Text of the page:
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Doctors Encouraging Men To Take Charge Of Health

SALT LAKE CITYNational Men’s Health Week kicked off Monday with the goal “to heighten the awareness of preventable health problems and encourage early detection and treatment of disease among men and boys.”

The Centers for Disease Control is clear with a lot of their statistics here — and they’re alarming.

Fifteen percent of all adult men are not in good health at all, and only about half of them get enough exercise, which would be the federally recommended amount of movement.

Four out of 10 men age 20 and older classify as obese and more than half of men 20 and older have hypertension — high blood pressure — which can lead to the leading cause of death for men across America, and that’s heart disease.

A recent study published by Harvard looks at the reasons that men don’t measure up well to our female counterparts.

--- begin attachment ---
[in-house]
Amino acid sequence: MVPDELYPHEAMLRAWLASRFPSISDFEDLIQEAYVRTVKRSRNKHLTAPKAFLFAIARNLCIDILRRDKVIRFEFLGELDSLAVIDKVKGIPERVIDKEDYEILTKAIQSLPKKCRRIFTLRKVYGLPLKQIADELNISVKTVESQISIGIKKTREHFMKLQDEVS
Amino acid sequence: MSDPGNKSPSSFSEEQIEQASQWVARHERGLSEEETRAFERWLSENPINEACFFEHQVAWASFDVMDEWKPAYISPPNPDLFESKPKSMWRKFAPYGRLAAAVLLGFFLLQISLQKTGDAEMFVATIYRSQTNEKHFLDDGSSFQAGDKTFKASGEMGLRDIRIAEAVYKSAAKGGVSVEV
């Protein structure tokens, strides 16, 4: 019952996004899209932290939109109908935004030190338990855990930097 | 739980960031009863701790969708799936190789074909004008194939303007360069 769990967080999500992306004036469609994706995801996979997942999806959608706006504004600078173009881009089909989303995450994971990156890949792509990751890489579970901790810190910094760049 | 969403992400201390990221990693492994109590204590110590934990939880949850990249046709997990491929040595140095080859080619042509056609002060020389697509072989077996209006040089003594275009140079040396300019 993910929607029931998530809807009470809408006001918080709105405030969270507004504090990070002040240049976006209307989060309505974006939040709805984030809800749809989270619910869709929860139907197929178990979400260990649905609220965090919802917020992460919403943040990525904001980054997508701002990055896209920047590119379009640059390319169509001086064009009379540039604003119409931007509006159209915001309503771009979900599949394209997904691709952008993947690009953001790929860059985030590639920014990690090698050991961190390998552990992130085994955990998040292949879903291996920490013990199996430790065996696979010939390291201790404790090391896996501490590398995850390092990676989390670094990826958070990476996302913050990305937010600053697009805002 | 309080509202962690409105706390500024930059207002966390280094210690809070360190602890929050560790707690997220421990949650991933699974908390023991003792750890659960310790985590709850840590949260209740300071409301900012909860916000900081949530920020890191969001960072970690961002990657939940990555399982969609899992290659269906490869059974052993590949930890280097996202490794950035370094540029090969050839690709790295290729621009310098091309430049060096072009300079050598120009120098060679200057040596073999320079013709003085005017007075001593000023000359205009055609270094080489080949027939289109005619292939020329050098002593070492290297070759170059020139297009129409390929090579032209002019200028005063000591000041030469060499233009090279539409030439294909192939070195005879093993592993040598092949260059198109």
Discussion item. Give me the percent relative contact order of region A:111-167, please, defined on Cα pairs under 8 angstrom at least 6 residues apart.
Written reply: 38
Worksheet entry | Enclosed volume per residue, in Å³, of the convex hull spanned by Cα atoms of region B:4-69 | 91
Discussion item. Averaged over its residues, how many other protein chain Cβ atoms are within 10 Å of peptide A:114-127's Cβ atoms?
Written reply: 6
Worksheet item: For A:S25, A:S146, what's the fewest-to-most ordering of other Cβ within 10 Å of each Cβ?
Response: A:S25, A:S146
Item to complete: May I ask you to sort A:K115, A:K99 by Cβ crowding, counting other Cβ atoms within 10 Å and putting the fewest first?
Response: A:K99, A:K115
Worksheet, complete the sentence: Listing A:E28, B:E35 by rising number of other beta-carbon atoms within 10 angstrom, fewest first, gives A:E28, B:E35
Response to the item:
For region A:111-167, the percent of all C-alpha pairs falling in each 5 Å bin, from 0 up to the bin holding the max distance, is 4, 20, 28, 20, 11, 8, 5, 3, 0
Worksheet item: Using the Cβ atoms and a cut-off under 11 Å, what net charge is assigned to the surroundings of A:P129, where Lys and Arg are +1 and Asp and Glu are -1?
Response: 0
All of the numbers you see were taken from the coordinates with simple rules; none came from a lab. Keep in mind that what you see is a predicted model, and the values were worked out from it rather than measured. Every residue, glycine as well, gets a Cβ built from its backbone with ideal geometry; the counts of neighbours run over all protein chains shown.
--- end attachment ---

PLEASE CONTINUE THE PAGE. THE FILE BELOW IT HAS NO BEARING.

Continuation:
Women live on average five years longer than men, and the reasons vary from biology to bad choices to literally working themselves to death.

Japanese scientists even have a name for work stress that can result in high rates of stroke and heart attack.

Cleveland Clinic published a study in recent years that revealed men don’t like going to the doctor.

Only half get the check-ups and preventative care they need while 20% said they weren’t even honest with their doctor because they were embarrassed or afraid to change their habits.

And more than 40% said they were told as children that men don’t complain.

So guys, it’s time to be honest.

Sleep, exercise and a healthy diet — that’s the foundation of a happy life, and Men’s Health Week is a good time to evaluate your own habits and change them for the better.

KSL 5 TV Live

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